Tue. May 21st, 2024


On April 8th, 2024, the Moon will move in front of the Sun, and some 32 million people in North America will be treated to one of the most spectacular astronomical events there is. However, even if you don’t live in the path of the totality, you can still take part.



How Can You View the Eclipse Online?

There are going to be countless live streams of the eclipse. Here are a few we think are worth checking out.

NASA’s Eclipse Stream

One of the best ways to view the eclipse online will be NASA’s live stream on YouTube. It goes live at 1 P.M. Eastern Time and will run for about four hours.

They’ll be streaming video from multiple telescopes in the path of the totality, and they’ll also be showing off a few experiments they’re running during the eclipse.

The National Science Foundation’s Live Stream

The National Science Foundation will have a live stream on YouTube, too. Their stream will be based on a telescope located in Texas and will also feature commentary and information from experts.

Timeanddate’s Live Stream

Timeanddate.com will be hosting a live stream on YouTube, too. Their website is also loaded with interesting and helpful information about the eclipse.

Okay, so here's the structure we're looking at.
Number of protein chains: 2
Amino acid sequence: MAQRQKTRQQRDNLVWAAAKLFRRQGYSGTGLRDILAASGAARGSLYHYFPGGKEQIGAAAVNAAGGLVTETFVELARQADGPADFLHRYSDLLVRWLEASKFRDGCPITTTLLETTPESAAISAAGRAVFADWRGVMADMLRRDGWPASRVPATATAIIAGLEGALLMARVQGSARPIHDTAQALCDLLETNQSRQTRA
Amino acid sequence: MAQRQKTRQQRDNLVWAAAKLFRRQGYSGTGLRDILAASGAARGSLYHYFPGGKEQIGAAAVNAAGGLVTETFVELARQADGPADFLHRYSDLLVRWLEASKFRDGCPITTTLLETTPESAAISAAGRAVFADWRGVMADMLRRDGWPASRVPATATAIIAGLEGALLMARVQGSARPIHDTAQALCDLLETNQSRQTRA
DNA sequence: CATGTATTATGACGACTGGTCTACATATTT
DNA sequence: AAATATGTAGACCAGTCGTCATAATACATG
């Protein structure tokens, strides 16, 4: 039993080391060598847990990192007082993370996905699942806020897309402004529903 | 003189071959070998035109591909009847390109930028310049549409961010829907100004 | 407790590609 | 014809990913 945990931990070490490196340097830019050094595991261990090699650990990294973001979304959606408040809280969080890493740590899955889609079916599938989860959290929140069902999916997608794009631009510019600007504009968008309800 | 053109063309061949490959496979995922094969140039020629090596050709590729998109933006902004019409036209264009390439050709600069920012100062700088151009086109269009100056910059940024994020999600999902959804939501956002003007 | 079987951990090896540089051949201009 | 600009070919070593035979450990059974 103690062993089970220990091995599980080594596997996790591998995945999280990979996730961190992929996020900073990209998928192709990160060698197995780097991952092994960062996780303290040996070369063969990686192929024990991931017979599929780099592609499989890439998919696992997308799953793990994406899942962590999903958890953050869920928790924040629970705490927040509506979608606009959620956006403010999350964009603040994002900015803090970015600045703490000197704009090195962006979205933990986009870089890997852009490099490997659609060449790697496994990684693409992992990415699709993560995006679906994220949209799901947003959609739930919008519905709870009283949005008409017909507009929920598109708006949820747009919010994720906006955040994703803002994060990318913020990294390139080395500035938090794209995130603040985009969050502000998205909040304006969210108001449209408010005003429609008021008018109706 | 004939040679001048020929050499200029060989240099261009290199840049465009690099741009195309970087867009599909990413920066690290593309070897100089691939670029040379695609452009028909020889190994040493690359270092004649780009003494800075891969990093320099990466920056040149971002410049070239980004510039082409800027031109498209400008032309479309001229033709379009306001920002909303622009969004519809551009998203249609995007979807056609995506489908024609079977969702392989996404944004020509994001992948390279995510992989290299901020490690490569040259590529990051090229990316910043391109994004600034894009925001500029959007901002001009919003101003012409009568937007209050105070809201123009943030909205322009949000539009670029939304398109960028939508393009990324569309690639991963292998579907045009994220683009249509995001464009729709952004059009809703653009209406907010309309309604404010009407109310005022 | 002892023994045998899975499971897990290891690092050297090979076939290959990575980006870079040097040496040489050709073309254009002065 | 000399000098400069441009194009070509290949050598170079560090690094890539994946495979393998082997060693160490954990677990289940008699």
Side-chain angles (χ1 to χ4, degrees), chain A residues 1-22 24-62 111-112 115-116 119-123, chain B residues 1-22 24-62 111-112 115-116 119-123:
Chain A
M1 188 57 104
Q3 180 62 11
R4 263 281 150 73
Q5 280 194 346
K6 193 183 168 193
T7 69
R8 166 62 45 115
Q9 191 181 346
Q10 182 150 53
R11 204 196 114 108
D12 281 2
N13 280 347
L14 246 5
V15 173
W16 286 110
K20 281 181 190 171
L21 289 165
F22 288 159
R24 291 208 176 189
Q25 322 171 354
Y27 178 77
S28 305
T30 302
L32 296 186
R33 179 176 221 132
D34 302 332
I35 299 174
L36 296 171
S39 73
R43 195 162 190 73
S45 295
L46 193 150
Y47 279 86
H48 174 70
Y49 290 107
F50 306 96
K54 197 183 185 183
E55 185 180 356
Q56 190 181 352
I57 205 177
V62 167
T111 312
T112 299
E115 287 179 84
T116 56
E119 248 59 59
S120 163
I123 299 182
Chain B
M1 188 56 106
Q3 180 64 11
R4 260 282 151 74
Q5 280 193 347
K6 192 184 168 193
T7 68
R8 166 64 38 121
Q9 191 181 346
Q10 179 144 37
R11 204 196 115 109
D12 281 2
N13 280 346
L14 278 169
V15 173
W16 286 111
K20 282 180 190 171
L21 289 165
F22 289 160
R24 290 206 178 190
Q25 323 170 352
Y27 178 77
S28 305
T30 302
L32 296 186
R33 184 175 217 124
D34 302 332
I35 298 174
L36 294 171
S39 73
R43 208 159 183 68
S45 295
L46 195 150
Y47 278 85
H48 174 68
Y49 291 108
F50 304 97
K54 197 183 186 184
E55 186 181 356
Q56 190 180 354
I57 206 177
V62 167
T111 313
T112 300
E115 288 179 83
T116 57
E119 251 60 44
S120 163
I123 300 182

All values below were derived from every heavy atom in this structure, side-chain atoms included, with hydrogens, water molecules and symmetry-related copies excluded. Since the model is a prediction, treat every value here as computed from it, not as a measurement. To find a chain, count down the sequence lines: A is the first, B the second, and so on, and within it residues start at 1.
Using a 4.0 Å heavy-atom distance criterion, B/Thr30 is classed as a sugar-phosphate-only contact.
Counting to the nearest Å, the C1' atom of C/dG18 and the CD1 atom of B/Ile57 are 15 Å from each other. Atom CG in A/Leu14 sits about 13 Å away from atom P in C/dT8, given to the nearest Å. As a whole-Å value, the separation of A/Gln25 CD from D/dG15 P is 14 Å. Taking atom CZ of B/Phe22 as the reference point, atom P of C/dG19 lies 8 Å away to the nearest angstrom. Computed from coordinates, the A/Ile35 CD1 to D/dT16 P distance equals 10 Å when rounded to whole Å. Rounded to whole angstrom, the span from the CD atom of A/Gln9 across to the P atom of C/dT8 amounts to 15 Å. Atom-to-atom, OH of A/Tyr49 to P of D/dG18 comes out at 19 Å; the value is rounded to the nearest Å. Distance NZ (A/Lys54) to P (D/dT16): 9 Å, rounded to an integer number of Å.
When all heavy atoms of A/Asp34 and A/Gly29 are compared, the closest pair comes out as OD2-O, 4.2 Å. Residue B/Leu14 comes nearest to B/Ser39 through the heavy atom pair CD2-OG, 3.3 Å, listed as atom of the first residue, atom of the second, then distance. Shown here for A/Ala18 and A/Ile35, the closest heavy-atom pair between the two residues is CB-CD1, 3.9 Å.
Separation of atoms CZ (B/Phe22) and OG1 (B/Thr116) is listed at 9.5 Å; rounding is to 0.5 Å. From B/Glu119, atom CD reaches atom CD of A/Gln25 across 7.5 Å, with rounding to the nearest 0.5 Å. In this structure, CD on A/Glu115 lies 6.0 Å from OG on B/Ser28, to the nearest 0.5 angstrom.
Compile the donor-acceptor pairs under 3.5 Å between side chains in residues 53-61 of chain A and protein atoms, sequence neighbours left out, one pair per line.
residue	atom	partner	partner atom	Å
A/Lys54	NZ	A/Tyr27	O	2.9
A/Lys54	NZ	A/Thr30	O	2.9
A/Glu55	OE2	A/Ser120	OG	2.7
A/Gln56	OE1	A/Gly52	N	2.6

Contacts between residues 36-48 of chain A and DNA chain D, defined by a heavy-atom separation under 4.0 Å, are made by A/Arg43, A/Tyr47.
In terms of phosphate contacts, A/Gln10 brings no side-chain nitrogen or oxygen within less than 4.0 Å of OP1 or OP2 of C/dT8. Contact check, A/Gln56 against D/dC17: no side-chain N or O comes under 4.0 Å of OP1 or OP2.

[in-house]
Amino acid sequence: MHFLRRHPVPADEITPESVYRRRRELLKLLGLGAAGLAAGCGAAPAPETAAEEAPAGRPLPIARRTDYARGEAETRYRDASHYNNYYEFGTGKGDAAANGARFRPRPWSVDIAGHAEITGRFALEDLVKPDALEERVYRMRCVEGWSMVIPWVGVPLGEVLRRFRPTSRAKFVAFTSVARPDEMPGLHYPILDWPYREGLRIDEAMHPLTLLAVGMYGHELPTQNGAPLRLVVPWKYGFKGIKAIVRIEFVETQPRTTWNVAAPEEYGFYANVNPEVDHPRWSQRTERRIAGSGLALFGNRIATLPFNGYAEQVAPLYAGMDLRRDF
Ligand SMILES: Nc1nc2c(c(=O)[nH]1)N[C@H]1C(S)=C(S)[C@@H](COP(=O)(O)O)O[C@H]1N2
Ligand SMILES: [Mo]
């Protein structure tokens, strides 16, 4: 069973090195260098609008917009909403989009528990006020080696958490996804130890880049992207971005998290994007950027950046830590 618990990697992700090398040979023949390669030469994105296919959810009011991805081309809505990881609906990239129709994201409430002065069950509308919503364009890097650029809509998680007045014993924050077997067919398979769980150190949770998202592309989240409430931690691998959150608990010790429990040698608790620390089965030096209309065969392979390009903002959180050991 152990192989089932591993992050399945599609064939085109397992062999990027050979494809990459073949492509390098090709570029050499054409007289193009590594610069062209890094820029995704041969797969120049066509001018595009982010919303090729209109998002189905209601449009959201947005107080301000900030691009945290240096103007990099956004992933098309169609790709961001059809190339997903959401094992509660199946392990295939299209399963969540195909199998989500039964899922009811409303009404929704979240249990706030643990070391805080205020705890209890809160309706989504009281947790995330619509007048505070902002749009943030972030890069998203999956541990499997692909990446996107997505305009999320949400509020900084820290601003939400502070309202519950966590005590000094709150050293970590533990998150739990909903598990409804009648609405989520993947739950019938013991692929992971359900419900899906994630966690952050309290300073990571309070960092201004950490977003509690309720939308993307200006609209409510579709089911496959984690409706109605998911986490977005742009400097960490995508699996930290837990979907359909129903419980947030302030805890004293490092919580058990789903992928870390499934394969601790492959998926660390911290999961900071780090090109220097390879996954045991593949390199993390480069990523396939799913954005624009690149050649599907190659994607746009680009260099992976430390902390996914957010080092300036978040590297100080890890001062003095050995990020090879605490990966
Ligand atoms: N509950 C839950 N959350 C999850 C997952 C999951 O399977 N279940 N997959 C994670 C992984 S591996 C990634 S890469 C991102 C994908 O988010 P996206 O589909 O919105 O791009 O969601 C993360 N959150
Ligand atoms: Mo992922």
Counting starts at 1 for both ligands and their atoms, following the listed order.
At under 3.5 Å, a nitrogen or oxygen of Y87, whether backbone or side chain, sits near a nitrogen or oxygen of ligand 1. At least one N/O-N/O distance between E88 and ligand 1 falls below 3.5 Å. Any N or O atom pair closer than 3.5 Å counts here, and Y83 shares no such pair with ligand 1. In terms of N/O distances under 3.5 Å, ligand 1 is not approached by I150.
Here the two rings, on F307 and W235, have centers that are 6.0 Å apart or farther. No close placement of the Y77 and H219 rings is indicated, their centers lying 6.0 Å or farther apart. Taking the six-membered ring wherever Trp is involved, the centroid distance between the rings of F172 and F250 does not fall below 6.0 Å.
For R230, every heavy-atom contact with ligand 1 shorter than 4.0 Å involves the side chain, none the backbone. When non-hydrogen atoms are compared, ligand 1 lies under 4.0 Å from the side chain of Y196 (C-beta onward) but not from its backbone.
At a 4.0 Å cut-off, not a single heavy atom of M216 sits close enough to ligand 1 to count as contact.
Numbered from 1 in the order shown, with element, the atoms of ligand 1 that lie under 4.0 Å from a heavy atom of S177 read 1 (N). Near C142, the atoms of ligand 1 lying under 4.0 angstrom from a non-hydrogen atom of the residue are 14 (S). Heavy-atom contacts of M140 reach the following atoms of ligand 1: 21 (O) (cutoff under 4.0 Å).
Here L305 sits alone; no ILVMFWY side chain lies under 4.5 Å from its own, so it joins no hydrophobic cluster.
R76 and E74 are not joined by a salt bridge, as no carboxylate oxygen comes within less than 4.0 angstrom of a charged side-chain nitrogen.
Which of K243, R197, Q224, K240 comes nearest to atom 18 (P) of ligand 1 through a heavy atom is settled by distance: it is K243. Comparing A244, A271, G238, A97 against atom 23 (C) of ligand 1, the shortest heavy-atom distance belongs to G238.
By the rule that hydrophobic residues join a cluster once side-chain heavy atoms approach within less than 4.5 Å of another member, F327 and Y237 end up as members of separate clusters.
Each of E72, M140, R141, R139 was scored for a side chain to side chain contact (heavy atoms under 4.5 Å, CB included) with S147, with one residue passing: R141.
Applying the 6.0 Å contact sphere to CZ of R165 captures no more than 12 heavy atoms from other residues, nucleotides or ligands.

Got Clouds? Check Out the Eclipse Anyway

The forecast for much of North America in the path of the totality is looking cloudy, but that doesn’t mean you shouldn’t try to get outside to enjoy it if you can.

Even if it is completely overcast, a total eclipse produces a darkness very similar to twilight that is well worth experiencing.

Partial Eclipses Are Cool Too

If you’re close enough to experience a partial solar eclipse, there are still plenty of reasons to get excited.

Partial eclipses produce all sorts of interesting effects that you don’t get to see every day:

  • Crescent Shadows: During an eclipse, light from the sun that passes through small holes (like the leaves on a tree) will project a crescent shadow. If you don’t have leaves on your trees yet, punch small, regularly-shaped holes in a piece of paper, and take a look at the shadows. You don’t need anything special for this—just use a pencil or pen.
  • Shadow Bands: Shadow bands are elongated rippling shadows that appear on the ground during an eclipse. They waver and move, much like water or fire. They’re typically seen in the minutes leading up to and following a total solar eclipse. However, if you’re just outside the path of totality, you’ll probably be able to see them too. Try laying a white sheet flat on the ground. It may make them easier to see.
  • Strange Colors: Between your brain struggling to make sense of what it is seeing, and actual changes to the light reaching you, colors often look strange. Take a moment to look around you when the eclipse is near totality.


What Experiments Is NASA Running During the Eclipse, and Why?

A total eclipse is a rare event, and NASA isn’t letting it go to waste. There are several experiments aimed at studying the ionosphere—a region of the atmosphere that begins about 50 miles above the surface of the planet and extends out several hundred miles.